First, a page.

MSE Chair Ricardo Castro teaches a new-to-Lehigh course that unleashes creativity while giving students hands-on experience with designing and applying materials

Everyone loves a hero. Or at least it seems that way. Marvel superhero films have grossed more than $29.8 billion worldwide, making the franchise the most popular of any ever created.

Professor Ricardo H.R. Castro has a theory about why the world can’t get enough of characters who can fly or shape-shift, have superhuman strength or telepathy, or can regenerate lost limbs or even manipulate reality itself.

Ricardo Castro

“We love that connection with the impossible,” says Castro, who is chair of the Department of Materials Science and Engineering and a lifelong Marvel superfan. “I think we can use that connection to inspire remarkable creativity in our engineering students.”

He believes it so strongly, he created an undergraduate class, Engineering Superheroes, to do just that. The class is an extension of one he created while a professor at University of California, Davis, and it made its debut at Lehigh this spring. It combines lectures with demonstrations and labs to shed light on how materials give superheroes—like Thor, Captain America, and Ironman—their powers. The students then try to create their own (albeit less potent) versions of those hammers, shields, and battery packs.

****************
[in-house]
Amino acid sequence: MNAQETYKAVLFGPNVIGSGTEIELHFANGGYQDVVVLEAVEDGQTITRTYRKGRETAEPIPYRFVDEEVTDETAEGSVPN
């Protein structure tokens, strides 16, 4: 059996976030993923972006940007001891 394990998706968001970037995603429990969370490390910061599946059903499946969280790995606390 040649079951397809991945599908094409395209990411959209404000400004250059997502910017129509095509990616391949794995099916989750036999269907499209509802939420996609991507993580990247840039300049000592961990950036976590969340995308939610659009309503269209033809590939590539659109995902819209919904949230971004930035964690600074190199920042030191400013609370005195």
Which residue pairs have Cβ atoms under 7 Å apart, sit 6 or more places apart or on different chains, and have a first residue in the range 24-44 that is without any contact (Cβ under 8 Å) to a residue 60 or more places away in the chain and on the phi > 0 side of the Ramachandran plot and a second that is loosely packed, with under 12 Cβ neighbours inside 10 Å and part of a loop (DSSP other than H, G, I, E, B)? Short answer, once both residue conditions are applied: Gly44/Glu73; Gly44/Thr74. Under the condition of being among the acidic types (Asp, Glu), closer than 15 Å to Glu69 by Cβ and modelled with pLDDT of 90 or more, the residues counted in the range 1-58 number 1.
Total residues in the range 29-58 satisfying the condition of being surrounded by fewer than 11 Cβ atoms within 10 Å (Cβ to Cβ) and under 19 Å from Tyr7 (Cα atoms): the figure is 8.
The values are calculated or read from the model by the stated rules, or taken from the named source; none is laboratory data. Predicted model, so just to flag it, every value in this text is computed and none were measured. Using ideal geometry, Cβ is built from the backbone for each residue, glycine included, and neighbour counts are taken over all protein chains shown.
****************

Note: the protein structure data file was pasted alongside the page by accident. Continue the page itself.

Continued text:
“For example, Thor’s hammer is made of a fantastic metal called uru that was forged in the heart of a dying star,” says Castro. “The metal doesn’t exist, of course, but we can talk about the concept behind it. Why does it have such a high melting point? How is that related to its strength? And then we talk about alloy design: What metals would you mix to increase the melting point to create material that would make for the ultimate hammer?”

In the lab, the students design their own alloys, cast their own hammers, and use an engineering tool called a Charpy test to assess the amount of energy required to break their creations.

“It’s fun, but it’s also a real engineering experience,” says Castro. “They learn valuable concepts and how to apply them, and then they get to leave class with something they built themselves.”


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The class has also examined what makes Captain America’s only weapon—his Vibranium-metal alloy (note: not real) shield—so effective. Whatever form of evil it takes on (lasers, for example), the shield remains impenetrable. As a class, the students talk about what materials could make the shield such a good thermal insulator, and then together, they design a small one with a thin protective organic layer on the surface.

“Then we’ll go outside and hit the shield with a flame,” he says. “I’m always the one behind the shield, of course, but that’s another thing we talk a lot about—the safety concerns that are a big part of engineering.”

They also talk about scalability. Everything works on paper, says Castro, and while the thermal layer they design can protect the shield, he challenges the students to think of how that same design could be scaled up to protect buildings or aircraft.